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Main v. Northwest Trustee Services Inc.

United States District Court, W.D. Washington, Seattle

May 13, 2014

ANGELA K MAIN, Plaintiff,


MARSHA J. PECHMAN, District Judge.

The Court, having received and reviewed:

1. Defendants McIntosh and RCO Legal, P.S. Motion to Dismiss (Dkt. No. 10)
2. Plaintiff's Opposition to Defendants' Motion to Dismiss (Dkt. No. 16)
3. Defendants McIntosh and RCO Legal, P.S. Reply in Support of the Their Motion to Dismiss (Dkt. No. 20)

and all attached declarations and exhibits, makes the following ruling:

IT IS ORDERED that the motion is GRANTED; Defendants John McIntosh and RCO Legal, P.S. are DISMISSED from this lawsuit with prejudice.

IT IS FURTHER ORDERED that Defendants' motion for attorney fees is DENIED.


Plaintiff Angela K. Main had two mortgages on her Kirkland residence. (Dkt. No. 1-3 at 3.) She stopped making loan payments in September 2012, and non-judicial foreclosure commenced in 2013. (Dkt. No. 1-3 at 3.) Mediation was attempted during the foreclosure process, at which Defendant John McIntosh, an attorney for Defendant RCO Legal, P.S. ("RCO"), a law firm, represented Northwest Trustee Services, Inc ("NWTS"). (Dkt. No. 1-3 at 7.)

On February 14, 2014, Plaintiff filed this case in King County Superior Court, alleging violations of Deed of Trust Act ("DTA"), the unconstitutionality of the DTA, breach of covenant of good faith and fair dealing, breach of "HAMP guidelines, " breach of contract, CPA violations, TILA violations, negligent and/or intentional infliction of emotional distress, and fraud. (Dkt. No. 1-3.) On March 11, 2014, Defendants removed the case to this Court based on federal claims pursuant to 28 U.S.C. 1331 and supplemental state claims pursuant to 28 U.S.C. 1367(a). (Dkt. No. 1.)


I. Merits of 12(b)(6) dismissal

The Federal Rules require a plaintiff to plead "a short and plain statement of the claim, " showing entitlement to relief. Fed.R.Civ.P. 8(a)(2). "To survive a motion to dismiss, a complaint must contain sufficient factual matter, accepted as true, to 2017state a claim to relief that is plausible on its face." Ashcroft v. Iqbal , 556 U.S. 662, 678 (2009) (citing Bell Atl. Corp. v. Twombly , 550 U.S. 544, 570 (2007)). A claim is plausible "when the plaintiff pleads factual content that allows the court to draw the reasonable inference that the defendant is liable of the misconduct alleged." Mere labels and conclusions and a formulaic recitation of the elements of a cause of action will not suffice. Bell Atl. Corp. v. Twombly , 550 U.S. at 555.

Plaintiff's response to Defendants' motion to dismiss is problematic. Rather than respond substantively to Defendants' arguments, Plaintiff first filed an amended complaint. (Dkt. No. 14.) Three days later, Plaintiff filed a response (Dkt. No. 16.), attaching the amended complaint and primarily relying on the amendments to the complaint in opposing Defendants' motion. (Id.) Plaintiff filed her amended complaint beyond the period allowing amendment as a matter of course and never obtained consent of opposing counsel or the Court's leave to amend. Fed.R.Civ.P. 15(a)(1)(B); 15(b). But even if Plaintiff had properly filed a motion for leave to amend complaint, amendment may be properly denied if the amended complaint appears to be futile or legally insufficient. Gabrielson v. Montgomery Ward & Co. , 785 F.2d 762 (9th Cir. 1986).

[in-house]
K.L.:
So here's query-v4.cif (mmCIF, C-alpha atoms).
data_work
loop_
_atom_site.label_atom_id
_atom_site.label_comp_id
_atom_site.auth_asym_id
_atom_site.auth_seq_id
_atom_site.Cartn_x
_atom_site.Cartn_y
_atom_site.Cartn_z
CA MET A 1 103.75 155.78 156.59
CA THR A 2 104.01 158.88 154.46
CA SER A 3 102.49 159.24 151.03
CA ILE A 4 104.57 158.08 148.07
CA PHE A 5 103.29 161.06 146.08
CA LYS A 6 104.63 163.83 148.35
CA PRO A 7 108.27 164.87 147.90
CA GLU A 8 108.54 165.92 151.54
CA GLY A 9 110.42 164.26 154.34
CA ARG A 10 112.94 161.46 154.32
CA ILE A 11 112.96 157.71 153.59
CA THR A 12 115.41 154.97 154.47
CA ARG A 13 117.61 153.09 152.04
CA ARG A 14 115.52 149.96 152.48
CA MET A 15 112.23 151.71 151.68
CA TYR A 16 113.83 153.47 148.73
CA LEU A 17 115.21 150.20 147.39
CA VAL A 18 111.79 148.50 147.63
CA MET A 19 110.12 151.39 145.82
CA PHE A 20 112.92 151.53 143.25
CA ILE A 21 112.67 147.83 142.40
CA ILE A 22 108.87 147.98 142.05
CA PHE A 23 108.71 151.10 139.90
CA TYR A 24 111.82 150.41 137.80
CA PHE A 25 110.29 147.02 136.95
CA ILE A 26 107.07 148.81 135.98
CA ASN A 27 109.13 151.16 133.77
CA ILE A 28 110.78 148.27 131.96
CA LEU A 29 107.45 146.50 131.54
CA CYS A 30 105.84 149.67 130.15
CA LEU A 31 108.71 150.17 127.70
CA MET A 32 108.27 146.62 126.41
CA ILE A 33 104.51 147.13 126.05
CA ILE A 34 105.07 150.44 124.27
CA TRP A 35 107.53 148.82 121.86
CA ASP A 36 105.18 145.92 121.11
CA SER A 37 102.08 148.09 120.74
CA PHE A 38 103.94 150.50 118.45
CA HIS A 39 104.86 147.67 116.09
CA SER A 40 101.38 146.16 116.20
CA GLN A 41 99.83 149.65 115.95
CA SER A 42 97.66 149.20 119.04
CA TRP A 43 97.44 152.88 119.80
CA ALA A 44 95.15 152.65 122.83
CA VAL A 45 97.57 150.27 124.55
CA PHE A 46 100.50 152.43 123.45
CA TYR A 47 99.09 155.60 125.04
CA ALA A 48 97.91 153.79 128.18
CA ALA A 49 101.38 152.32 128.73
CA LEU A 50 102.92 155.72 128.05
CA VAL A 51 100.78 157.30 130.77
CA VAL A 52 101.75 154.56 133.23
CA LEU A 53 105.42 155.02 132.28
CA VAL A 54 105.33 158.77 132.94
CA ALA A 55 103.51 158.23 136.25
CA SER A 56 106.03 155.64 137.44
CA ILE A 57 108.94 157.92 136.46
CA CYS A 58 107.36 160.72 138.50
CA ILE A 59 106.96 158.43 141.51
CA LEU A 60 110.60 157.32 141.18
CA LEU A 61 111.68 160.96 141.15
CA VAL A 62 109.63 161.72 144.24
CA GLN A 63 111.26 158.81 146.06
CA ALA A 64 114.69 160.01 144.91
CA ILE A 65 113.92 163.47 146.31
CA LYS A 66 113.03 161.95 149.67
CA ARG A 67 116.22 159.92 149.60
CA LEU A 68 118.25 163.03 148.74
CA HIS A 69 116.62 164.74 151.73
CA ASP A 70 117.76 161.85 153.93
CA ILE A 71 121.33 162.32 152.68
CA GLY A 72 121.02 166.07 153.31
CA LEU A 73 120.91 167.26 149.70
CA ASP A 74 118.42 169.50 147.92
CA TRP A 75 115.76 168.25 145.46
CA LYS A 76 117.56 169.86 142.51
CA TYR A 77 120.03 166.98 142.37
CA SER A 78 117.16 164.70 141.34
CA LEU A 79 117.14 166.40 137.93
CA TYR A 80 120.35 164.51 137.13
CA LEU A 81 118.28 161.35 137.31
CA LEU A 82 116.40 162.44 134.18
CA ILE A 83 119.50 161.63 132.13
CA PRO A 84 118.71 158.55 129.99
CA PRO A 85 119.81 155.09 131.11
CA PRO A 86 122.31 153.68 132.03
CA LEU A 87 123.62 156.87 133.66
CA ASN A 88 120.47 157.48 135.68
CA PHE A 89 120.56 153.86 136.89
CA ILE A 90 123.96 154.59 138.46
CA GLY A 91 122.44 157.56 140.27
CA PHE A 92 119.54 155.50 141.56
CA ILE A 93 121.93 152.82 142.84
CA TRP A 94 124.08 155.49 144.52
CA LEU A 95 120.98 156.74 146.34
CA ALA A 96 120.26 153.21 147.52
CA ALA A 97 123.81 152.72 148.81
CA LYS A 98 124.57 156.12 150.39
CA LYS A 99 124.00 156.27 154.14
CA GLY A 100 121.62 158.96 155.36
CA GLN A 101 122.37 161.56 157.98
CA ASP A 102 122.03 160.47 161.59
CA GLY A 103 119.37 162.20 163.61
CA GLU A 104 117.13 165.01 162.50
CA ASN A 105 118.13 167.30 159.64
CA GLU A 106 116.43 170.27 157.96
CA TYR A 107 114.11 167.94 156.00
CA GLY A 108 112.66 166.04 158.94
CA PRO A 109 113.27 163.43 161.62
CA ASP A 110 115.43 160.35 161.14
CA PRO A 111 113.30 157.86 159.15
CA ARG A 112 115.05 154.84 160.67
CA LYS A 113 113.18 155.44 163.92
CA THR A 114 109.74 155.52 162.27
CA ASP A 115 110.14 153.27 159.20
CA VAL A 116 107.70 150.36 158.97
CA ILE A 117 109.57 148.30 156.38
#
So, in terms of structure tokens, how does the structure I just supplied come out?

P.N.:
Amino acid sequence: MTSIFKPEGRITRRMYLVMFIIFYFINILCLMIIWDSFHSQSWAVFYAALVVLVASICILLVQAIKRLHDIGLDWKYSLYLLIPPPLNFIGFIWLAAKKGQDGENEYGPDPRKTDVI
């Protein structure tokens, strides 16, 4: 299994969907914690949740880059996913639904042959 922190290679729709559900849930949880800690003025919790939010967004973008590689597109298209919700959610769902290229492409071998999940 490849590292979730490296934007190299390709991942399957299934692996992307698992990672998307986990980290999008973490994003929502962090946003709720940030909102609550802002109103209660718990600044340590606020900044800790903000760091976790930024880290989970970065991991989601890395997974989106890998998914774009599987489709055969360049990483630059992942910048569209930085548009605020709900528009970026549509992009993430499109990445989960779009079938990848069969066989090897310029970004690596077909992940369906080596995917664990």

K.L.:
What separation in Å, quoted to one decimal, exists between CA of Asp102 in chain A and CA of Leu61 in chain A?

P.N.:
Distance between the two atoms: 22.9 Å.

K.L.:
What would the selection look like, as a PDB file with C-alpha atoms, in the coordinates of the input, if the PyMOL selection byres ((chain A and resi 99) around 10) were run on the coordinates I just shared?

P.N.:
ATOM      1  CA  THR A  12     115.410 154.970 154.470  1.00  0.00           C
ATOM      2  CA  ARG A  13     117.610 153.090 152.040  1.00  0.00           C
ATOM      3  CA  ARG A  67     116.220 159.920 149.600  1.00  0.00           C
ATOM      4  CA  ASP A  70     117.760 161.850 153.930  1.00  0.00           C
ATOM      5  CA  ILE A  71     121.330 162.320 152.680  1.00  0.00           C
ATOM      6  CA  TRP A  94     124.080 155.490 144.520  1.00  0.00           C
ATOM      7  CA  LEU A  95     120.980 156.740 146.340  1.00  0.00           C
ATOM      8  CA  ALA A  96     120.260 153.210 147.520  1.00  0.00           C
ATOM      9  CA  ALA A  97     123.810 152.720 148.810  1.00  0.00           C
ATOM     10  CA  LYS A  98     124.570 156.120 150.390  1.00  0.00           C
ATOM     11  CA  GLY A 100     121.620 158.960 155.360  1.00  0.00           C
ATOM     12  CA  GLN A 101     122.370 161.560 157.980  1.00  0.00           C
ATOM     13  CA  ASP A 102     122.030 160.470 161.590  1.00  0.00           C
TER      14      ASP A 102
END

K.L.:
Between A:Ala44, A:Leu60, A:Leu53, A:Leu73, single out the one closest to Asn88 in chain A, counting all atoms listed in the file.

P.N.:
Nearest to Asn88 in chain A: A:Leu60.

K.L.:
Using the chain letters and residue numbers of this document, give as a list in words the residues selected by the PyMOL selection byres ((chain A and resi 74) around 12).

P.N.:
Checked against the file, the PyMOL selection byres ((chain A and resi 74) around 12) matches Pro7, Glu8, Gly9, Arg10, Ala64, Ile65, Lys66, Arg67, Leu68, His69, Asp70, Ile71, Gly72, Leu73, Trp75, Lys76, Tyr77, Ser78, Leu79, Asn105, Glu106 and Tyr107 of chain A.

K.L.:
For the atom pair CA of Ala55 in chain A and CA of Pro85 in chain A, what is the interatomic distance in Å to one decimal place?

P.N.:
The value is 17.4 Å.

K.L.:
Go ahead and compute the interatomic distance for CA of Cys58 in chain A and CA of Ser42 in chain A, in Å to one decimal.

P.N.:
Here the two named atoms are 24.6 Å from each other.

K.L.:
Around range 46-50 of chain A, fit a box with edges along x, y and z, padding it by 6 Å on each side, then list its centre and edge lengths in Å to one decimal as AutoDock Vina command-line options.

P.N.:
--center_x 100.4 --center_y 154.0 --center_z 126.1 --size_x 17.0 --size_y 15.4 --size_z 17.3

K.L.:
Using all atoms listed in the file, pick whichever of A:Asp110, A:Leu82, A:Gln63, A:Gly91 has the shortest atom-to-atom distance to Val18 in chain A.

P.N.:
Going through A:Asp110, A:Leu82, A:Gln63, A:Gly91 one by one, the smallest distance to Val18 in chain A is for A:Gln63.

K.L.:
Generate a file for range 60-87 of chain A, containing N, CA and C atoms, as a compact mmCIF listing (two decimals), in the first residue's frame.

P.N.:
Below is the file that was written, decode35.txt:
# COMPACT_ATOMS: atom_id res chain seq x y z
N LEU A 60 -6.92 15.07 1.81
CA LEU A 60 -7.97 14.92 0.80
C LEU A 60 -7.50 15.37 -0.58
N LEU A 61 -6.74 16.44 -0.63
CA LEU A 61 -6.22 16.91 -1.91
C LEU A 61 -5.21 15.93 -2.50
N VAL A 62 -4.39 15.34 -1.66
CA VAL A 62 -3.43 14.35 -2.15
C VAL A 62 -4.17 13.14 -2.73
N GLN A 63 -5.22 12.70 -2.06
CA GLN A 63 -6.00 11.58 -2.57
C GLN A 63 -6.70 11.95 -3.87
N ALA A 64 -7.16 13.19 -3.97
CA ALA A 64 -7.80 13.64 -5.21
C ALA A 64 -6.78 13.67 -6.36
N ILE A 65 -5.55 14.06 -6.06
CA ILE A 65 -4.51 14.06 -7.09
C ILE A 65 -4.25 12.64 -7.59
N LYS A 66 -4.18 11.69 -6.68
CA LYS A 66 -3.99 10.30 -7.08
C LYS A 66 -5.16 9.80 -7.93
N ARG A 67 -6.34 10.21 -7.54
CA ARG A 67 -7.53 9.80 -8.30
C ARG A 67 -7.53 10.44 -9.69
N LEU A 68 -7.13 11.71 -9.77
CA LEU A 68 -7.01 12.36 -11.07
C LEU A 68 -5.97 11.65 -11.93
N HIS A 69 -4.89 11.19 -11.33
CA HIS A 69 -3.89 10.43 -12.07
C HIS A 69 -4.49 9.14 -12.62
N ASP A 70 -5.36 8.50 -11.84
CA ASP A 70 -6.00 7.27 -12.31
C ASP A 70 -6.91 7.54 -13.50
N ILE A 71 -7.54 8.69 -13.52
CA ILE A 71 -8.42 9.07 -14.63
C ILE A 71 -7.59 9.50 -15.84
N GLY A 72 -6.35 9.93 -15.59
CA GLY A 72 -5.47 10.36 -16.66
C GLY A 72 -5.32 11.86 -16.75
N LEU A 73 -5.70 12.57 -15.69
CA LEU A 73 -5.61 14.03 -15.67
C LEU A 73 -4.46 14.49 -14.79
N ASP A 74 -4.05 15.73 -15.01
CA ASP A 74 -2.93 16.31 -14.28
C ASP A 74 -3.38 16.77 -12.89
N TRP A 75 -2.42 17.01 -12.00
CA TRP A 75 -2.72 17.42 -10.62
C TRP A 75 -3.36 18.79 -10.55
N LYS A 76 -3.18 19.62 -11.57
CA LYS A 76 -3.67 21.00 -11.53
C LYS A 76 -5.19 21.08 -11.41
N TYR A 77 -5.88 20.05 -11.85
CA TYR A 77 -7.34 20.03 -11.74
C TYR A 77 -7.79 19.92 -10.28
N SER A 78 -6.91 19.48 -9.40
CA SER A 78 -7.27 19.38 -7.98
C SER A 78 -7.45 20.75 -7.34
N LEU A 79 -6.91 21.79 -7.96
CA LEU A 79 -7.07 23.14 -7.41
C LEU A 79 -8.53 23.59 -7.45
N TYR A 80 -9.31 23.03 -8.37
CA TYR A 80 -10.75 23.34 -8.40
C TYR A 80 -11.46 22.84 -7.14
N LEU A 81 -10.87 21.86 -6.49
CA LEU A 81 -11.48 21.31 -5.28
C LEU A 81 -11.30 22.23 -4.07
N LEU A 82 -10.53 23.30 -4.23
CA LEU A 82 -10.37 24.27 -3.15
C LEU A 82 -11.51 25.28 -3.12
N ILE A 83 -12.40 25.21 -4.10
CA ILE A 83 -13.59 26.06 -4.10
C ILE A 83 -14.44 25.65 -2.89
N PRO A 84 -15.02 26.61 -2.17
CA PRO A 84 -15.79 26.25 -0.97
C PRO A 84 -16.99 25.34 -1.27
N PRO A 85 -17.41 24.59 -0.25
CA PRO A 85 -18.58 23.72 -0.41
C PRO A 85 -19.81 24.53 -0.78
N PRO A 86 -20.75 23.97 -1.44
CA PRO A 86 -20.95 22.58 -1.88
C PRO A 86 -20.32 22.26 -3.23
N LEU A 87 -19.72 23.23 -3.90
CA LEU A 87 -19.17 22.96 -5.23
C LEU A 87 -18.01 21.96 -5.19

Defendants argue the Court should treat Plaintiff's amended complaint as a non-response to their motion and summarily dismiss the case under Western District of Washington Local Court Rule ("L.C.R.") 7(b)(2), which states, "If a party fails to file papers in opposition to a motion, such failure may be considered by the court as an admission that the motion has merit." The Ninth Circuit has held that failure to file an opposition to a motion to dismiss in accordance with L.C.R. 7(b)(2) is a proper ground for summary dismissal if, prior to dismissal, the district court weighs five factors set forth in Ghazali v. Moran , 46 F.3d 52 (9th Cir. 1995). Johnson v. Vail, 397 Fed.Appx. 403 (9th Cir. 2010). The Court must explicitly consider (1) the public's interest in expeditious resolution of litigation, (2) the court's need to manage its own docket, (3) the public policy favoring disposition of cases on the merits, (4) the risk of prejudice to the defendant, and (5) the availability of less drastic sanctions. Ghazali , 46 F.3d at 53 (emphasis added). Because disposition of the case on the merits is preferred, and Plaintiff did eventually file an opposing brief, analysis of the merits is warranted and preferred.